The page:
No tears, but plenty of pride

Last night I didn’t cry.

I even brought Kleenex just to make sure I’d have some if I did cry.

But I didn’t cry.

Instead, I felt a tremendous amount of pride.

Somewhere between 9 and 9:45 p.m. last night, my son became a high school graduate.

He officially received a “certificate of achievement.” He will not receive a diploma until he finishes the STRIVE program, which he’ll begin in August.

He marched into the stadium along with about 600 other graduates of Parkview High School. They came in wearing their blue-and-white robes and caps with tassels in the Parkview colors of orange, blue, and white, while a recorded loop of “Pomp and Circumstance” played over the PA system.

He sat and listened to several speeches by adults and teenagers encouraging them as they left Parkview and went forth into the world. One young man talked about windshields and rear view mirrors — how windshields allowed you to look forward and rear view mirrors let you look back, but that it wasn’t healthy to spend all your time looking in the rear view mirror. A young lady spoke of her desire to become a Marine Corps officer. And another young man sang Neil Young’s “Forever Young” as his graduation speech.

It took probably about a half hour, maybe a little more, for all the names to be called and for each student to walk across the stage, shake the hands of the people there, and get their picture taken (and which I will probably receive the chance to order in the next few weeks.)

I took some crocheting with me and I worked on a crochet basket. That was my antidote against being bored while waiting for the ceremony to begin and while listening to the speeches.

Inevitably, I drew comparisons between my own high school graduation in 1981 and my son’s in 2017.

Mine was held indoors at the Mahaffey Theater at the old Bayfront Center in St. Petersburg, and I think mine was in the morning. I remember walking down the aisle rather quickly instead of at a processional pace. We all sat on stage behind our speakers. The valedictorian of our class is a Facebook friend; I told him that the only thing I remembered about his speech was the phrase, “Remember 12th period?” He was referring to the days when our school was on double sessions with the freshmen/sophomores going to school in the afternoon and the juniors/seniors going to school in the morning. Because of the sound system and the acoustics, I couldn’t hear his speech.

Our chorus sang, “I Sing the Body Electric” from the movie “Fame”, which was appropriate because it was the song the characters sang at their graduation.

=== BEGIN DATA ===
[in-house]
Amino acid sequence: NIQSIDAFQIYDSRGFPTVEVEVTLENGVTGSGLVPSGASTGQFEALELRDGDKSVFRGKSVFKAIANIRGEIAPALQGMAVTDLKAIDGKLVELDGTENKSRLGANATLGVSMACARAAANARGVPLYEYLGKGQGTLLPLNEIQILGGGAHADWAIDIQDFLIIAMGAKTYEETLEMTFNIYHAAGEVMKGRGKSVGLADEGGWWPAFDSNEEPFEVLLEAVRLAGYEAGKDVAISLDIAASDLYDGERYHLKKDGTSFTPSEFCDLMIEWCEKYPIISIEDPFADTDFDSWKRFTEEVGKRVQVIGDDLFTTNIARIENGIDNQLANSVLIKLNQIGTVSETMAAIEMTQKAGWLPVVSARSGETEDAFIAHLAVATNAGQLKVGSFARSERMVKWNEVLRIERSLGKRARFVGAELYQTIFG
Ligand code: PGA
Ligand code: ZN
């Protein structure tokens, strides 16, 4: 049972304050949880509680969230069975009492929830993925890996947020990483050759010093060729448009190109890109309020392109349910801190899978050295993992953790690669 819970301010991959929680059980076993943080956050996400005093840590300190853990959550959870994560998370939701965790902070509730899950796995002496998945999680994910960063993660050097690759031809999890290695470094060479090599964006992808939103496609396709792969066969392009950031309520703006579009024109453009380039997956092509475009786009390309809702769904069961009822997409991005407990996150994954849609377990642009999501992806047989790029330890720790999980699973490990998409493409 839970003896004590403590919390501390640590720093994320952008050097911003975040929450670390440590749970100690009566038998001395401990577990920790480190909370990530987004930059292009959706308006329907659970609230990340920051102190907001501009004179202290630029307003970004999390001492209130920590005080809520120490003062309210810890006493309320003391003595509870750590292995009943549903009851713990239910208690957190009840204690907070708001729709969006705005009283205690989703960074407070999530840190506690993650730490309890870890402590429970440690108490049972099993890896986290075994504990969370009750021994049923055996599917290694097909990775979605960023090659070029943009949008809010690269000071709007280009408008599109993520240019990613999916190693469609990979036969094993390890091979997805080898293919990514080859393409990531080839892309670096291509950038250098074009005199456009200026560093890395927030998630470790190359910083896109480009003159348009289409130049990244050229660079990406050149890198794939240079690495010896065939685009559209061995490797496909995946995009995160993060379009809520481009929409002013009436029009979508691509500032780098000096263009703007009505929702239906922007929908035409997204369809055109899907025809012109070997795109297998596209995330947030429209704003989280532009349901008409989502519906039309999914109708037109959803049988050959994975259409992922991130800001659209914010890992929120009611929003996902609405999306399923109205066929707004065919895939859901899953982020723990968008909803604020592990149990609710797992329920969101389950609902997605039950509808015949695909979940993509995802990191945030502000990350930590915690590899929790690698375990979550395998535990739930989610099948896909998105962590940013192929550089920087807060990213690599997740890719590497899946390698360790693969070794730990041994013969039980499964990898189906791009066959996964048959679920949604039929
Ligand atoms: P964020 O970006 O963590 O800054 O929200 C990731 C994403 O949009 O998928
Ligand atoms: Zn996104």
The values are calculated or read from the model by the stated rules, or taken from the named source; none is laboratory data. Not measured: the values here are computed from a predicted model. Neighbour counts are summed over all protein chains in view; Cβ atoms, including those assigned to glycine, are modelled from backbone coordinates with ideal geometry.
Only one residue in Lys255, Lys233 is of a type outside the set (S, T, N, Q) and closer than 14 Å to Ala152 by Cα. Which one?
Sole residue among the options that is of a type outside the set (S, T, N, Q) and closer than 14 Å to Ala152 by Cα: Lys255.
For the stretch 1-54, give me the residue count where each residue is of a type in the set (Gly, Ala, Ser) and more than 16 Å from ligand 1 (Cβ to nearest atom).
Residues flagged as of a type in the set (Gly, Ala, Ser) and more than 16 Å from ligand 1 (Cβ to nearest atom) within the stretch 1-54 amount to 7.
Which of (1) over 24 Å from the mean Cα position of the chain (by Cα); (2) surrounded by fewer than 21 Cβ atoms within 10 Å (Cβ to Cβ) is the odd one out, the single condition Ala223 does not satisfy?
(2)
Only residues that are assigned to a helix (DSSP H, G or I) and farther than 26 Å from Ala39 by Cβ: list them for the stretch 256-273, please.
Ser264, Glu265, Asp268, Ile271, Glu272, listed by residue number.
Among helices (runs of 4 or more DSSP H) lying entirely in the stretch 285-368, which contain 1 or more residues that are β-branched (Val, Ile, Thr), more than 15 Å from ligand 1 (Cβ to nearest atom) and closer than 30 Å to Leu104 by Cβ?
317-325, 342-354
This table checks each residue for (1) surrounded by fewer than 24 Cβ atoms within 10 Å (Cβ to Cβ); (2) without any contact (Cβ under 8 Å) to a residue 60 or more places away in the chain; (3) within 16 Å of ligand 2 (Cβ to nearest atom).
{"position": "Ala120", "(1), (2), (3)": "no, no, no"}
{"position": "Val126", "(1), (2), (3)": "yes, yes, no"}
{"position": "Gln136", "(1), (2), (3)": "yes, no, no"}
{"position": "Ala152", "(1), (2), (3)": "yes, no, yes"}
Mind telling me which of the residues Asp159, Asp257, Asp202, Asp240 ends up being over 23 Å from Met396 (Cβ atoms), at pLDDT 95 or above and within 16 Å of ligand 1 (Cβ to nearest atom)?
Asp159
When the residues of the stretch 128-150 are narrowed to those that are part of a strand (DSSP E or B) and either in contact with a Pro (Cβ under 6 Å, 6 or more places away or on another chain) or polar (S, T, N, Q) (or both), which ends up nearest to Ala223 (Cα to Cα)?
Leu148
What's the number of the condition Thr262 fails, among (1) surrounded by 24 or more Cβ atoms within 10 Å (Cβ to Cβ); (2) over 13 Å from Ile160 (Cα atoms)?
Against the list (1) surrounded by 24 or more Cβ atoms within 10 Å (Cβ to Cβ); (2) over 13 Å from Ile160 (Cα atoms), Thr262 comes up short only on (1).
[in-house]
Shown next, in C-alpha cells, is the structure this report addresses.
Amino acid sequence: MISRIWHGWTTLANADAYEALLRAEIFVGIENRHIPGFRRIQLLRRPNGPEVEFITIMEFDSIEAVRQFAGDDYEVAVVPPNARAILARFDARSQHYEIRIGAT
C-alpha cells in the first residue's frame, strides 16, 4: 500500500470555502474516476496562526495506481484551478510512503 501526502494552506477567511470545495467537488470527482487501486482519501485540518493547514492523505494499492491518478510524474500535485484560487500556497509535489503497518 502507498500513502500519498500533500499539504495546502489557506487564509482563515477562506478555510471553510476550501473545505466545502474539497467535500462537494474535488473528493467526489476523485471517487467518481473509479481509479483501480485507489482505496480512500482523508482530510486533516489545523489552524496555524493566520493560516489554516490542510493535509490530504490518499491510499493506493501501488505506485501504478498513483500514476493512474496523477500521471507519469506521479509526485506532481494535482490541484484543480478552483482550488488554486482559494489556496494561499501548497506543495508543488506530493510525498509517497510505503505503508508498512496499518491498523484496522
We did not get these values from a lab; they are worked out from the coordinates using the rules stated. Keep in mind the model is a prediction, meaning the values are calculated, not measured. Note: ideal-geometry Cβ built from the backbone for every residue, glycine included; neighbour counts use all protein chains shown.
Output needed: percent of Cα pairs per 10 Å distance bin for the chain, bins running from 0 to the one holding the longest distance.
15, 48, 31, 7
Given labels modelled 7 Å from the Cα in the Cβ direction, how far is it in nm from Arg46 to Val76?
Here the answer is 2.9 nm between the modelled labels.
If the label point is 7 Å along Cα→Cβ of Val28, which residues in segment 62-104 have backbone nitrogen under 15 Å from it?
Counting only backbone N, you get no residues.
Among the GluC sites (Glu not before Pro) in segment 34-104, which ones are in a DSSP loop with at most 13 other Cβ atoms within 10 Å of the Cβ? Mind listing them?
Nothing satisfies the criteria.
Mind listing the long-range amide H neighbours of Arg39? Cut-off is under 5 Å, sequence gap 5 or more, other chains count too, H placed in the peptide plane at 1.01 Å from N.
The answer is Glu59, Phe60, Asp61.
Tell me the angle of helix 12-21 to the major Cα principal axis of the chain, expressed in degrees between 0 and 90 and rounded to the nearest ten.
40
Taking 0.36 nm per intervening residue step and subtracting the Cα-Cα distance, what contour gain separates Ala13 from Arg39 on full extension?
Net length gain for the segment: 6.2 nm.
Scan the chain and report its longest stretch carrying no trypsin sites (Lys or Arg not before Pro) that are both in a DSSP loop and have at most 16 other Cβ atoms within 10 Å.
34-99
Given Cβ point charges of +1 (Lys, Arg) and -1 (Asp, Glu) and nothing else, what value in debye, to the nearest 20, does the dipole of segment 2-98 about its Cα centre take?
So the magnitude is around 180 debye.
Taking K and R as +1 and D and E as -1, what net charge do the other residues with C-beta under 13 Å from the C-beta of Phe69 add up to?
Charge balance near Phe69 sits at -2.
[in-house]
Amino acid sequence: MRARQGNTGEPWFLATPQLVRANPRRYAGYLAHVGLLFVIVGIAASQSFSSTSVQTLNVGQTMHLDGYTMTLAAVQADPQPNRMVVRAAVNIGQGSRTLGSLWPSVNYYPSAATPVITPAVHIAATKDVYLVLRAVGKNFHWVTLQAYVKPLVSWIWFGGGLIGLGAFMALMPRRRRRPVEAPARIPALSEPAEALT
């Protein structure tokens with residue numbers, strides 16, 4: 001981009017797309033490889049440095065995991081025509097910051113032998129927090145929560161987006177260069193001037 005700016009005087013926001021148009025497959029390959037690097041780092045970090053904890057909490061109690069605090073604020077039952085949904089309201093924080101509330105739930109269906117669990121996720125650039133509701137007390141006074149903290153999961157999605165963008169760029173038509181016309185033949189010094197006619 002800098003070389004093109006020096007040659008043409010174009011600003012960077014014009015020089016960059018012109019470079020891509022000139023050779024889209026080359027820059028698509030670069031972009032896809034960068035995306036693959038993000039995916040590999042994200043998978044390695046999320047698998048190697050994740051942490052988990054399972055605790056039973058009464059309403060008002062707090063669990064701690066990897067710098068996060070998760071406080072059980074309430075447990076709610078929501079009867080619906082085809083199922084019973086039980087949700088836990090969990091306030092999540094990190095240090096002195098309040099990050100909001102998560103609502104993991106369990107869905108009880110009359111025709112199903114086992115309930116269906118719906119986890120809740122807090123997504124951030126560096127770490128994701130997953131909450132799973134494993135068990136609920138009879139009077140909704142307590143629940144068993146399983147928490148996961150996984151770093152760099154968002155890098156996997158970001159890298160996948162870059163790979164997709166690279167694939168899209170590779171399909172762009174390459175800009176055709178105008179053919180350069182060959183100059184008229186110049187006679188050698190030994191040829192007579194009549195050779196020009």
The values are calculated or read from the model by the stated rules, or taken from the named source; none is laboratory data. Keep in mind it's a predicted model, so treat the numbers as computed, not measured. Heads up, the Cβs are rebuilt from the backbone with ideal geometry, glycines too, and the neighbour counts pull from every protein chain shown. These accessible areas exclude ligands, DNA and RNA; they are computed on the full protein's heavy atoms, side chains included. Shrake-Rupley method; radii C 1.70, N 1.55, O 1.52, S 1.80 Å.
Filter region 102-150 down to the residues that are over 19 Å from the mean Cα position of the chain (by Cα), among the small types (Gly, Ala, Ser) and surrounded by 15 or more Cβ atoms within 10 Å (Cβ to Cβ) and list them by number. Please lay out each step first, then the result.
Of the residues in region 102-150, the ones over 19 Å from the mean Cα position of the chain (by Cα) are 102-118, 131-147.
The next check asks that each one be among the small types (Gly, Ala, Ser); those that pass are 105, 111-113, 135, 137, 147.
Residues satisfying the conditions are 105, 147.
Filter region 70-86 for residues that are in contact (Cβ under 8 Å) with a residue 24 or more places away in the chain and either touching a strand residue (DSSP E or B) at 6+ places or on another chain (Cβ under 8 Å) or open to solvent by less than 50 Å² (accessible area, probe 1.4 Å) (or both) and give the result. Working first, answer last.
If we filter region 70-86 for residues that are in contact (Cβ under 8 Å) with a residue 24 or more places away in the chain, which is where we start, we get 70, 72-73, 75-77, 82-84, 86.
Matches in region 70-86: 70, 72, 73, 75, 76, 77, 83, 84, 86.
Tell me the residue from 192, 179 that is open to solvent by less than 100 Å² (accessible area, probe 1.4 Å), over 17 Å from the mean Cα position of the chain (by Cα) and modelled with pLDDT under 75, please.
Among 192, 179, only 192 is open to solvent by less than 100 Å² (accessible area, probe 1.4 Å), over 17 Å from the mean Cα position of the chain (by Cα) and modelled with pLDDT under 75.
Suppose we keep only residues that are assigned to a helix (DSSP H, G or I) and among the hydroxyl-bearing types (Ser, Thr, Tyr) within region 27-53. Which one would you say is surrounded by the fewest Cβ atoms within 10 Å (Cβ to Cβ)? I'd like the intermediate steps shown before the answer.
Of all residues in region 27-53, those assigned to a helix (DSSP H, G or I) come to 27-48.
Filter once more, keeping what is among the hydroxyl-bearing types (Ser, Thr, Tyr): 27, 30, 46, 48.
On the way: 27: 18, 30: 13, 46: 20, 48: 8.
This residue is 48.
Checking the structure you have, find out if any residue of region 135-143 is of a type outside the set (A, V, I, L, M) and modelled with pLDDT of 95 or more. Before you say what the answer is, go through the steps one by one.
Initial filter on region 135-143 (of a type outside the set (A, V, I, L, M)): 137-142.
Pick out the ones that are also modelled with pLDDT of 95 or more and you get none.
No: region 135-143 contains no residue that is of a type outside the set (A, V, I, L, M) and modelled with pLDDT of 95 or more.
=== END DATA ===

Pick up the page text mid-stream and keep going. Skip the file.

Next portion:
As a member of National Honor Society, I got to wear a set of yellow honor cords, which I still have. In my graduation program, my name is marked as a NHS member and also as graduating in the top ten percent of my class. (I was #4 and I was either the top-ranked or second-ranked girl.)

At Matthew’s graduation, there were other honor cords: science, languages, and others I can’t remember, and NHS members wore sashes. The class officers, valedictorian, and salutatorian got to graduate first.

In the graduation program, I saw a list of names that reflected the diversity that my graduating class didn’t have: Nguyen, Patel, Tran, Li, and a number of Hispanic names. That’s a reflection of the ethnic diversity that characterizes my area of Gwinnett County, Georgia. (There was one year where my son was the only white child in his class. Autism does not discriminate on the basis of ethnicity.)

And the crowd received the order that no graduation crowd ever follows: “Please hold your applause until everyone has graduated.” You could tell where each graduate’s family was sitting because you could hear the cheers from that section as their graduate’s name was called.

My graduating didn’t throw our hats or turn our tassels. Matthew’s class did, although Matthew was advised not to, because he might lose his tassel.

When the ceremony was over and the parents rushed the field, I was concerned that I wasn’t going to be able to find Matthew. And then I saw him, standing alone, looking around, and I yelled at him, “Don’t move!”

And when I got down on the field, I gave him a very big mother-hug.

We took his picture, and then went to the cafeteria, where he got his certificate.

Just like that, it was over. Fifteen years of classes and school buildings and teachers.

IEP meetings are not yet over. I still have them as part of Matthew’s participation in the STRIVE program.

But here was the thing that touched me the most, both at the graduation rehearsal yesterday and graduation last night:

The non-special ed students that told Matthew congratulations and hugged him.

Matthew, in addition to being in an autism class, also took drama and worked in the Java Jungle, the coffee shop in the cafeteria. So there were plenty of students who knew him and liked him.

In 1981, the year I graduated from high school, I don’t recall the special ed students being integrated into the life of the school. In fact, I didn’t know anyone with special needs. The federal mainstreaming law had just been passed in the mid-1970’s and I’m sure that its effects were still working its way into our school system.

Yesterday, when I went to Matthew’s graduation rehearsal, I saw at least one student using a cane. And who knows how many other students were dealing with disabilities that I couldn’t see.

And after that rehearsal, Matthew spoke to several students; just as he did when we were leaving Parkview after the ceremony.

He was part of the life of his high school, not just shoved into a back classroom and ignored.

I am pleased.

And I am proud.